But it is not by the inference only irresistible as it is) that the fact is established. It is asserted in terms in every treaty, from the first to the last. The treaty of the 28th November 1785 expressly styles them a “nation." Sect. 6. In the succeeding treaties, the same description is applied in almost every line, as any one who will be at the trouble to examine them will perceive. See particularly the preamble of the treaty of Holston, Art. 1, and the treaty of Washington in 1819.
The subjects, too, of these treaties are unequivocally of national character and concernment: war; peace; exchange of prisoners; national limits; mutual rights, which nations only could claim or enjoy ; and mutual duties, which nations only could fulfil.
The obligations are national; the sanctions are national; the breach is national; and the impress of national character, as belonging to the Cherokee Indians, is thus deeply and inseparably fixed upon the treaties in every variety of way, and with them transferred to our statute book as a part of the “supreme law of the land.” Whatever others may say, so long as these treaties remain in force, the Cherokee Indians are, by our laws, a state or nation.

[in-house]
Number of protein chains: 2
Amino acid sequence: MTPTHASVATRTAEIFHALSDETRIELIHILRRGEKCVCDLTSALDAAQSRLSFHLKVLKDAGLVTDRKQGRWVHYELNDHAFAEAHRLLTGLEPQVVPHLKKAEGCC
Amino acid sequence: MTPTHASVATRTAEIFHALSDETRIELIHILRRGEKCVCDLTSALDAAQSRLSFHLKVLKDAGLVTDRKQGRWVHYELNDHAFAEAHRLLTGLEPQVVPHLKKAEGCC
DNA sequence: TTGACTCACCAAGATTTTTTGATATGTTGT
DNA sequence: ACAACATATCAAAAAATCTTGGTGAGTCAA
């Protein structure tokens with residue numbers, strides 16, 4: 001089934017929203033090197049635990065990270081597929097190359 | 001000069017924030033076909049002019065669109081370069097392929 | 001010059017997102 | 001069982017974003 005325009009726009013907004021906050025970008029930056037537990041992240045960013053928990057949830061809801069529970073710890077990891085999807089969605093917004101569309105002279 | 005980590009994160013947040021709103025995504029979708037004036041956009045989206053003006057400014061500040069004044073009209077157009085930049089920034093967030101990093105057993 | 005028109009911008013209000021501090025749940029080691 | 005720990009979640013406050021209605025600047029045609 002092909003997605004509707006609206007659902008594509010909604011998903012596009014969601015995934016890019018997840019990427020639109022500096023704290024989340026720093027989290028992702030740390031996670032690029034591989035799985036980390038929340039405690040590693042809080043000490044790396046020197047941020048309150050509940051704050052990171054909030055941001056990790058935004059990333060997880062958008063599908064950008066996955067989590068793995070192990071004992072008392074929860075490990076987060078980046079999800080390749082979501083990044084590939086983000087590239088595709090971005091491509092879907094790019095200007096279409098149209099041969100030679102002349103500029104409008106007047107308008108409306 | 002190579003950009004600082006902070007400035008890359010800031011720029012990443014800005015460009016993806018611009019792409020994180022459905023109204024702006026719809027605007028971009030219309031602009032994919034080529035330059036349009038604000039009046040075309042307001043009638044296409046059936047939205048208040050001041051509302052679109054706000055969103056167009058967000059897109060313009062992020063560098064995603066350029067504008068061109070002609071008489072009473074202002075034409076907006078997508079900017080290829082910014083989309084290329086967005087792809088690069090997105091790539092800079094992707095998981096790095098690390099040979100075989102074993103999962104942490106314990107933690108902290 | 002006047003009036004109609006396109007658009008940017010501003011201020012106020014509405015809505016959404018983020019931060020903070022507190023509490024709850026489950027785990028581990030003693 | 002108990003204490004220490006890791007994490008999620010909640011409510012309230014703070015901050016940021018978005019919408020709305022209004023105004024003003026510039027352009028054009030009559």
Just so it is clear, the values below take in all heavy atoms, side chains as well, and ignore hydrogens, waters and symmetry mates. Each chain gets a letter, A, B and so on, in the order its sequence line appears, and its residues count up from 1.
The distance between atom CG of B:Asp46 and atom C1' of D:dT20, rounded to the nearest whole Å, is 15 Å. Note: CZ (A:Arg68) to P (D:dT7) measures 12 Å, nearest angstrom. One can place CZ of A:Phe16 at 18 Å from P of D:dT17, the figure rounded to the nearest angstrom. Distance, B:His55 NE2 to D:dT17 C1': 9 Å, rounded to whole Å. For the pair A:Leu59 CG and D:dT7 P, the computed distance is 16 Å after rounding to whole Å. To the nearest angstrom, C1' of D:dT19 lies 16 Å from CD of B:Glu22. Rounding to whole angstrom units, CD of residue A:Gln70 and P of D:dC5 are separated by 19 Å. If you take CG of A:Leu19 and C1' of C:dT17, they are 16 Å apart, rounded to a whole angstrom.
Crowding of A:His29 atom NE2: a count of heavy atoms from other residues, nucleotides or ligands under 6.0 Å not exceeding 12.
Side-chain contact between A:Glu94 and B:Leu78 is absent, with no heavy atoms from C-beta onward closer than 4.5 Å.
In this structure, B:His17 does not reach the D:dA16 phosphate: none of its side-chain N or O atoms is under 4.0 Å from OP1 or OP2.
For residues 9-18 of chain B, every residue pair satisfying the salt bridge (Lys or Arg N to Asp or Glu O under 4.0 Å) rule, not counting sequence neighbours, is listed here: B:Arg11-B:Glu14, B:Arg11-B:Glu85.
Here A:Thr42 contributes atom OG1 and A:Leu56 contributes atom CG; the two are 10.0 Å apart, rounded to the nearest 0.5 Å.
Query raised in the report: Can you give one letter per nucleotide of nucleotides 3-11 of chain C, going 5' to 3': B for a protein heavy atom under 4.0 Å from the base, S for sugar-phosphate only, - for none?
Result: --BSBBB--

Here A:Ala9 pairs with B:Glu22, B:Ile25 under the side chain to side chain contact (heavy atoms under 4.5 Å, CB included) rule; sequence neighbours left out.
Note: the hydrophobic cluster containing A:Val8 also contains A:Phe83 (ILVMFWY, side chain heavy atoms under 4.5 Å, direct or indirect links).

It was not now a question, what the United States might heretofore have done, or what they may do hereafter. That belonged properly to another head of inquiry. The present purpose was only to inquire judicially into the fact as now existing, according to the established principle already stated.
Following the rule of interpretation, or rather, of evidence thus established, were not the Cherokee Indians a “foreign state," within the meaning of the constitution? It would be sufficient to answer, that they certainly are not a state of this union. What then can they be but a foreign state? The constitution knows of but two descriptions of states, domestic and foreign. Those which are not included in the former class must necessarily fall into the latter. Nothing can be clearer than this; following either the language or the meaning of the constitution. There is no third description in that instrument; and there is no case of a state, which was not intended to be within the scope of its judicial authority, whenever circumstances might make it a duty to ourselves or to others to interpose its exercise. It is true that the Cherokee nation have no part or right in the constitution of the United States, because they are a
foreign state, and that constitution is the compact only of the states and citizens of this union. But there is a power given by the constitution which they may invoke when they have a demand of justice; a power conferred upon the authorities of the union, and in its nature conclusive. What reason can be given why it should not equally extend to them as to all other states.